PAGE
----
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RE: starship-design: Bussard drive
Timothy et. al.,
There seems to be two separate issues here, one of which may be valid and
one is not.
First, Kyle is correct that when drag equals thrust, acceleration will stop.
Note that I said acceleration, you will still have to maintain thrust in
order to maintain velocity or drag will slow you down. Of, course this
actually applies to the scoop area and assumes that scoop area is a
constant, so I suppose you could "fold" the scoop and reduce drag. For that
matter, you could reduce the scoop area constantly to maintain a constant
acceleration irregardless of drag...remember, drag is a function of area and
so is scoop efficiency. If the scoop area decreases for a given amount of
power, then its efficiency will increase as a function of field density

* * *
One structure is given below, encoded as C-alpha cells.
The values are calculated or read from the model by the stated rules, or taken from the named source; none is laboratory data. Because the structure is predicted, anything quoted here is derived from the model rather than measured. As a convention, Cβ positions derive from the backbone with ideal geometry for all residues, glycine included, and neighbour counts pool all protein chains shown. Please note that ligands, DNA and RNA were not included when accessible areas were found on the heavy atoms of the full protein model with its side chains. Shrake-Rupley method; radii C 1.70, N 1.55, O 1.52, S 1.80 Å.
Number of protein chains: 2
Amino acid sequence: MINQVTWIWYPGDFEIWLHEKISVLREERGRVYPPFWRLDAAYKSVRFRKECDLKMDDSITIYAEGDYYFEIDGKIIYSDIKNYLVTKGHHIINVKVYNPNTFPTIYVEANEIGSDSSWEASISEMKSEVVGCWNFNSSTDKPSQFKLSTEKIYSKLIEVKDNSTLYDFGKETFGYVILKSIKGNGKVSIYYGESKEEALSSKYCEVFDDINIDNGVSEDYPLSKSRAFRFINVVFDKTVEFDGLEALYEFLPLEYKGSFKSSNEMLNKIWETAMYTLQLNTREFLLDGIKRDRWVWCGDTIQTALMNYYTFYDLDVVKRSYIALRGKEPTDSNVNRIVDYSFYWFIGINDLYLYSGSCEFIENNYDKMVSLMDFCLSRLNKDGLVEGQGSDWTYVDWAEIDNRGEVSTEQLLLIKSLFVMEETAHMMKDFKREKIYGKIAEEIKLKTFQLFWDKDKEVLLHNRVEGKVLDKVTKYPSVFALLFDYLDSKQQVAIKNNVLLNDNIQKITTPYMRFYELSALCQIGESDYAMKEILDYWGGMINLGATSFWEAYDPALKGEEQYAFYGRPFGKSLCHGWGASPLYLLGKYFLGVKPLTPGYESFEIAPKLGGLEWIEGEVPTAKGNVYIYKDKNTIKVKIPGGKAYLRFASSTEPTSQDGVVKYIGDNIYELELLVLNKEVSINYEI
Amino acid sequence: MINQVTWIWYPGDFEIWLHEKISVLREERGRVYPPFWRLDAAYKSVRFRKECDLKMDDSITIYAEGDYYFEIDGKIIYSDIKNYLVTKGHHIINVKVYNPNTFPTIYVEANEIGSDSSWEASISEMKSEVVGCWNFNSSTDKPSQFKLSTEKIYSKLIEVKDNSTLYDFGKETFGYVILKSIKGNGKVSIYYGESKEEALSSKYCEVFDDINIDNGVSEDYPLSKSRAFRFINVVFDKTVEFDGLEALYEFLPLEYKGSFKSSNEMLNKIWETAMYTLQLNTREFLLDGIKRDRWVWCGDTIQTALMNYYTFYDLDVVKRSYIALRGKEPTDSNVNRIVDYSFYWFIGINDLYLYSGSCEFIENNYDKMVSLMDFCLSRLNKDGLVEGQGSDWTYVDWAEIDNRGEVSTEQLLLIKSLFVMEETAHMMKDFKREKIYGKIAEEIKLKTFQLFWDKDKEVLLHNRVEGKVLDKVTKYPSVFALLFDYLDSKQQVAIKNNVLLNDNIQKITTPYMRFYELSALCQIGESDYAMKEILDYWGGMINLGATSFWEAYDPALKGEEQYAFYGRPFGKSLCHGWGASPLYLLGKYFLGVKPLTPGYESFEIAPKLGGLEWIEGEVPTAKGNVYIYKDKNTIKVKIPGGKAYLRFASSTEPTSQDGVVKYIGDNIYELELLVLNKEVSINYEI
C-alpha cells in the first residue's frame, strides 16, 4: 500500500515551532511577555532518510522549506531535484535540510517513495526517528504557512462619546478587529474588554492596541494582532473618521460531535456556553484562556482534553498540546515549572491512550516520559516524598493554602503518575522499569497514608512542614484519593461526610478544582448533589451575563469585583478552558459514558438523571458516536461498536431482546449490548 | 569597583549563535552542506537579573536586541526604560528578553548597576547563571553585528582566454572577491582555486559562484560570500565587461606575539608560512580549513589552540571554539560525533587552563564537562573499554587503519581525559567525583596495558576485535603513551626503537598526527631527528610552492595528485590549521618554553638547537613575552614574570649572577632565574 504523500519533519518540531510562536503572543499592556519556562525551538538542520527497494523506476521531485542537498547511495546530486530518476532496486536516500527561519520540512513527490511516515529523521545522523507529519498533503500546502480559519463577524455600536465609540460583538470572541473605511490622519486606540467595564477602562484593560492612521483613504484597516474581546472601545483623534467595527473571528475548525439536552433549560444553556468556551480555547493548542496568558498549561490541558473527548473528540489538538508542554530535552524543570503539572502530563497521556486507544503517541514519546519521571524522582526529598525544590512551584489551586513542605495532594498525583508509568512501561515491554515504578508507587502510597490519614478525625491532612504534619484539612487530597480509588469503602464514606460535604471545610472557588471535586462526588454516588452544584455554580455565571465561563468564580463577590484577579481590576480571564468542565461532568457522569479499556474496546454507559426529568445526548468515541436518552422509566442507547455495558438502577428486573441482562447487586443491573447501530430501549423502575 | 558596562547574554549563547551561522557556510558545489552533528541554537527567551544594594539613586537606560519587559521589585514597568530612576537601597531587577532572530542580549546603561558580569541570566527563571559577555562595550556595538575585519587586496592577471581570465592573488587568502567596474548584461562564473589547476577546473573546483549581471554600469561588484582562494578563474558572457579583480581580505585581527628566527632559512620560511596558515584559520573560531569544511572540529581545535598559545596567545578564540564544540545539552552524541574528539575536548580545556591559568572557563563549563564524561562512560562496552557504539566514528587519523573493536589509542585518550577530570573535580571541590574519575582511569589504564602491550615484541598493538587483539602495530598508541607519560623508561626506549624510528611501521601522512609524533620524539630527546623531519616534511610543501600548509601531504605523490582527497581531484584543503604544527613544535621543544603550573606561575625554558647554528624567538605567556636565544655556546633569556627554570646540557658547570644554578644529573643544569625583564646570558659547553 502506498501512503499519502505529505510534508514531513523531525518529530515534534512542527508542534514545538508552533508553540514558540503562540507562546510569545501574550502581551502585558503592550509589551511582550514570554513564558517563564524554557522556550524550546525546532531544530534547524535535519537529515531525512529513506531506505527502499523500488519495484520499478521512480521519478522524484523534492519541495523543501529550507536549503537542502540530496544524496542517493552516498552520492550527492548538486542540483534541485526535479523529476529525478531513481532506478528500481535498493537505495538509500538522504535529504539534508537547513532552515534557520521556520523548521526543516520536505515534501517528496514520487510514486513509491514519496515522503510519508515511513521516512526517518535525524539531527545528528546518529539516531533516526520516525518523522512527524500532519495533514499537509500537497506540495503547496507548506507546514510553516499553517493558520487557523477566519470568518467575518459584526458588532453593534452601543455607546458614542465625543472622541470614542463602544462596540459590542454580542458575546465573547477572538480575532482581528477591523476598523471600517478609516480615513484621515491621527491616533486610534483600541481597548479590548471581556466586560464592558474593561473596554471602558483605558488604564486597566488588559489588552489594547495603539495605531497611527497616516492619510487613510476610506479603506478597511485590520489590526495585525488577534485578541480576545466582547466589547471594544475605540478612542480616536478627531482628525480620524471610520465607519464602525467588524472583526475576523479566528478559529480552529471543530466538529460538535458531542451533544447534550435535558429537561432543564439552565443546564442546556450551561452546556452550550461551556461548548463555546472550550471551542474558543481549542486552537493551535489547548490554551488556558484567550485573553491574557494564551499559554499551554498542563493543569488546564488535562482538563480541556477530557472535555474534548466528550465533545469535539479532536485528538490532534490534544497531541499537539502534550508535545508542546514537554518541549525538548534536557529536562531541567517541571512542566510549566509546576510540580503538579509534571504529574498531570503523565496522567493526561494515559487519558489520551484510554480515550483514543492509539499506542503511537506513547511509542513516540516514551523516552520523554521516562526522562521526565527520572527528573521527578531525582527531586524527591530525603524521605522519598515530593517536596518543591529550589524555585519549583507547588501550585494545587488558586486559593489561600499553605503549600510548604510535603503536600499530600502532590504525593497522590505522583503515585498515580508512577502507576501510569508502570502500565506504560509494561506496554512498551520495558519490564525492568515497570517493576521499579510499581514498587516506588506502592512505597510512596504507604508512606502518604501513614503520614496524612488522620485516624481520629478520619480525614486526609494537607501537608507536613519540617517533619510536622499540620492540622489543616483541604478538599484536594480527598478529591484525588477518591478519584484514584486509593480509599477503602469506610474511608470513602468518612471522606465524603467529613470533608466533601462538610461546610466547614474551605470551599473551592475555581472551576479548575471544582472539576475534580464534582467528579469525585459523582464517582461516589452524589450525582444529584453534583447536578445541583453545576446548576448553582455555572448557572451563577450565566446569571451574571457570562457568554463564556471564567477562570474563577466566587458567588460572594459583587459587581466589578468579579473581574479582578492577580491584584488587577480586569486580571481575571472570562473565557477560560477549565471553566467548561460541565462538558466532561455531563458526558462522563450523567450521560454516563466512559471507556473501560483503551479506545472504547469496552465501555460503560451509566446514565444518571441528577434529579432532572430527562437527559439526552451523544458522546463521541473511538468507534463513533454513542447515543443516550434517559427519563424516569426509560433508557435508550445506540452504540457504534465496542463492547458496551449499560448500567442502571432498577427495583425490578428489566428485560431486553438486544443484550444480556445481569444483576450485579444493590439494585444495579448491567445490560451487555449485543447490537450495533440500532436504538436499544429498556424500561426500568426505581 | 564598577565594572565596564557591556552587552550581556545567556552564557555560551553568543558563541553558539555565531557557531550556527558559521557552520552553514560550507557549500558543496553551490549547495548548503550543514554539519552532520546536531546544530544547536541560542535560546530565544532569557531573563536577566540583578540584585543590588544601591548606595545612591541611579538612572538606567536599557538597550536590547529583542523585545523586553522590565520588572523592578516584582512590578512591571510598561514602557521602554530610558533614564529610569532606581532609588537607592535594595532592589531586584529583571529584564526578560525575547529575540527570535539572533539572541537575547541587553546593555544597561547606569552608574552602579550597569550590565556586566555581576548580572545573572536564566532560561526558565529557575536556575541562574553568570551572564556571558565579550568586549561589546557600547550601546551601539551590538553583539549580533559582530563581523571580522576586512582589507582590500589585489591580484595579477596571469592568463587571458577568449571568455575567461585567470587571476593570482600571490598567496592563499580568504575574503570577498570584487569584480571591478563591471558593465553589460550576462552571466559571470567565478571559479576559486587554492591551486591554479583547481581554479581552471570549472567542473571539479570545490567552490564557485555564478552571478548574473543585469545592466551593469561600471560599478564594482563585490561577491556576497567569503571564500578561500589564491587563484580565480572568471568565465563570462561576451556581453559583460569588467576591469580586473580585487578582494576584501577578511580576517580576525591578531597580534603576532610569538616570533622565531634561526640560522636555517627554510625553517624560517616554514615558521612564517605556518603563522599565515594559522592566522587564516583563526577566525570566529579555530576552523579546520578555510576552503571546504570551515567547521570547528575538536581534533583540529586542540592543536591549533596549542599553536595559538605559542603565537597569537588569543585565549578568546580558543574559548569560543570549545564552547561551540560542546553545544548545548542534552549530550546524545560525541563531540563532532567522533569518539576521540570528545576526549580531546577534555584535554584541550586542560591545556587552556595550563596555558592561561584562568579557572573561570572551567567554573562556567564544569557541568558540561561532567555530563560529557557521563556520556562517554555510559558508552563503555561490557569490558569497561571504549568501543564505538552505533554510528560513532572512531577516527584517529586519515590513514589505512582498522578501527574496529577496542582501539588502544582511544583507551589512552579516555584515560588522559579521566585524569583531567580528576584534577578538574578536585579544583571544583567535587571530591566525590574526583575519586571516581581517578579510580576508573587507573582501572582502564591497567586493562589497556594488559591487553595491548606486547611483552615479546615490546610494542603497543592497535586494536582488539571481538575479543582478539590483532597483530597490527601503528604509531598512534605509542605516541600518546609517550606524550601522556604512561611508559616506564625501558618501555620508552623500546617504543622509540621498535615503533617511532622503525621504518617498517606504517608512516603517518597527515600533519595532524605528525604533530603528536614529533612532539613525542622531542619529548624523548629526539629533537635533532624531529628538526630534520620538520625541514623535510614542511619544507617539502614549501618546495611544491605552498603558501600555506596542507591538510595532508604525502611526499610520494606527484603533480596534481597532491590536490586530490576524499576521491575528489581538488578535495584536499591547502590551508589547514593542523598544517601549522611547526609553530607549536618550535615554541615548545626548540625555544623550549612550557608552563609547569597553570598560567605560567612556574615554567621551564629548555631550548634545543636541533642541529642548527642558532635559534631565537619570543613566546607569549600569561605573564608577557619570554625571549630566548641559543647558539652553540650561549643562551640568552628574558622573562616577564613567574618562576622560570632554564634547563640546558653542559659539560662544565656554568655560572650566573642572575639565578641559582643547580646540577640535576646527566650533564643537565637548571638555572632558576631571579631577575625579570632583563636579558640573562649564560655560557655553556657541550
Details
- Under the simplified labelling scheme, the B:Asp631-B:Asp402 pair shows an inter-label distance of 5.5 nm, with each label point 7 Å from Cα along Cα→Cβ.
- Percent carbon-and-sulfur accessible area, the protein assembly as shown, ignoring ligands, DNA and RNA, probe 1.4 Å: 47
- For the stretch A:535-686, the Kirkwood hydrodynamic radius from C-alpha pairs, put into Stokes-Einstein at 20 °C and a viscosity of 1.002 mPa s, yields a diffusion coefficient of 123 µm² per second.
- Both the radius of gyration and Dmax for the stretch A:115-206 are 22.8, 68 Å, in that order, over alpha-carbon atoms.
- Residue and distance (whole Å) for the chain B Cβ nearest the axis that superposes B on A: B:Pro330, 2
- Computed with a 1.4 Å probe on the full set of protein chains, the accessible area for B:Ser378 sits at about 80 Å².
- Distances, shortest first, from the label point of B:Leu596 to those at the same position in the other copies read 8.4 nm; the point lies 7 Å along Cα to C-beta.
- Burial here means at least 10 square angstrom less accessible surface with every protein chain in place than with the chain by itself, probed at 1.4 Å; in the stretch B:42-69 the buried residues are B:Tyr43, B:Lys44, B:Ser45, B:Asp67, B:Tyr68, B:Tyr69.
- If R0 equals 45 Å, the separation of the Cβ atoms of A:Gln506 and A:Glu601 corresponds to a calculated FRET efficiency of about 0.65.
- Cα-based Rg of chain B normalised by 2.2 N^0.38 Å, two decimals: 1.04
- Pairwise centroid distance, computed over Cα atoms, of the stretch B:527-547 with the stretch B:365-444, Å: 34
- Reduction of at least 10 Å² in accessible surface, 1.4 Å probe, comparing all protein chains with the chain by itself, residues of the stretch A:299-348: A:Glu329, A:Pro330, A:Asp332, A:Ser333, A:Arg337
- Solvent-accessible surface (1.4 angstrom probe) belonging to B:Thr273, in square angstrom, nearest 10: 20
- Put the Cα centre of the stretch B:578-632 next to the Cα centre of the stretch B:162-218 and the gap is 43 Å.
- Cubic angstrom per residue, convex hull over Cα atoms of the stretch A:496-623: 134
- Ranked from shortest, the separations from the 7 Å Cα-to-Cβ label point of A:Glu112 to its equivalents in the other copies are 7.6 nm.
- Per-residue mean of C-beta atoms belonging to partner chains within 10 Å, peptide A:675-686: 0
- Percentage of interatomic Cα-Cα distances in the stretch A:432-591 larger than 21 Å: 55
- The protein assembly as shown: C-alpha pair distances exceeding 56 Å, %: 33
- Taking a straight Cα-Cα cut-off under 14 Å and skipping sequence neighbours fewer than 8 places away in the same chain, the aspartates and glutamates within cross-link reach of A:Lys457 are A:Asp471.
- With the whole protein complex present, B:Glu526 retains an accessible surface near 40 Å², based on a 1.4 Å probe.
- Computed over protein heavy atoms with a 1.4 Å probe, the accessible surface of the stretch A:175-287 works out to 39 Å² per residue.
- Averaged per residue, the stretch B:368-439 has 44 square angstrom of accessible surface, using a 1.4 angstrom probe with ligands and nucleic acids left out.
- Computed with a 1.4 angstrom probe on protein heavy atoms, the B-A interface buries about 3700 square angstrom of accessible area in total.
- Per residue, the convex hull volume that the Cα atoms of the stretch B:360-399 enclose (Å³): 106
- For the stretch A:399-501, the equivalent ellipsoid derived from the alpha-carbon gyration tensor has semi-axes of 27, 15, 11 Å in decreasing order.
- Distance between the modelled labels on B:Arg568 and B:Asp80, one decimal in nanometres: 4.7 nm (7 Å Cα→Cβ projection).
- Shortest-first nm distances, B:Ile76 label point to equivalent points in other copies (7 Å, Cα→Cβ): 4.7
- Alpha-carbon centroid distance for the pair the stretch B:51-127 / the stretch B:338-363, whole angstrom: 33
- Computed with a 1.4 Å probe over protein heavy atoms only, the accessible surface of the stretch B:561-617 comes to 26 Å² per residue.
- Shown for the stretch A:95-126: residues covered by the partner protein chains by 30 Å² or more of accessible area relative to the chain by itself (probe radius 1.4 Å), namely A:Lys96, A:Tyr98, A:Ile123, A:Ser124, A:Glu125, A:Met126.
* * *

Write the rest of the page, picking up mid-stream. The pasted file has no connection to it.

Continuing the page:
while drag is decreasing at a proportional rate. The trick is to balance
scoop area against the interstellar hydrogen density to maintain a more or
less constant thrust. If engine ISP is also increased then the area of the
scoop can be increased accordingly. There will always be some "magic point"
where scoop area, hydrogen density, and engine ISP will maximize thrust
WITHOUT an upper limit on velocity.
Second, the upper limit on velocity IS NOT the exhaust velocity of the
engine, go back to your freshman physics book if you don't believe me, and I
don't care who you've been reading. With enough reaction mass, you can get
to light speed by THROWING tennis balls off the back of the Santa Maria!
The only real problems (if one forgets the low local density) here are scoop
design and efficiency, engine efficiency (ISP) and design lifetime. An
antimatter drive fed by onboard hydrogen initially and later by interstellar
hydrogen could approach ANY fraction of the speed of light and do it fairly
quickly. By sacrificing a bit of thrust, it can even replenish its onboard
fuel enroute for the deceleration run.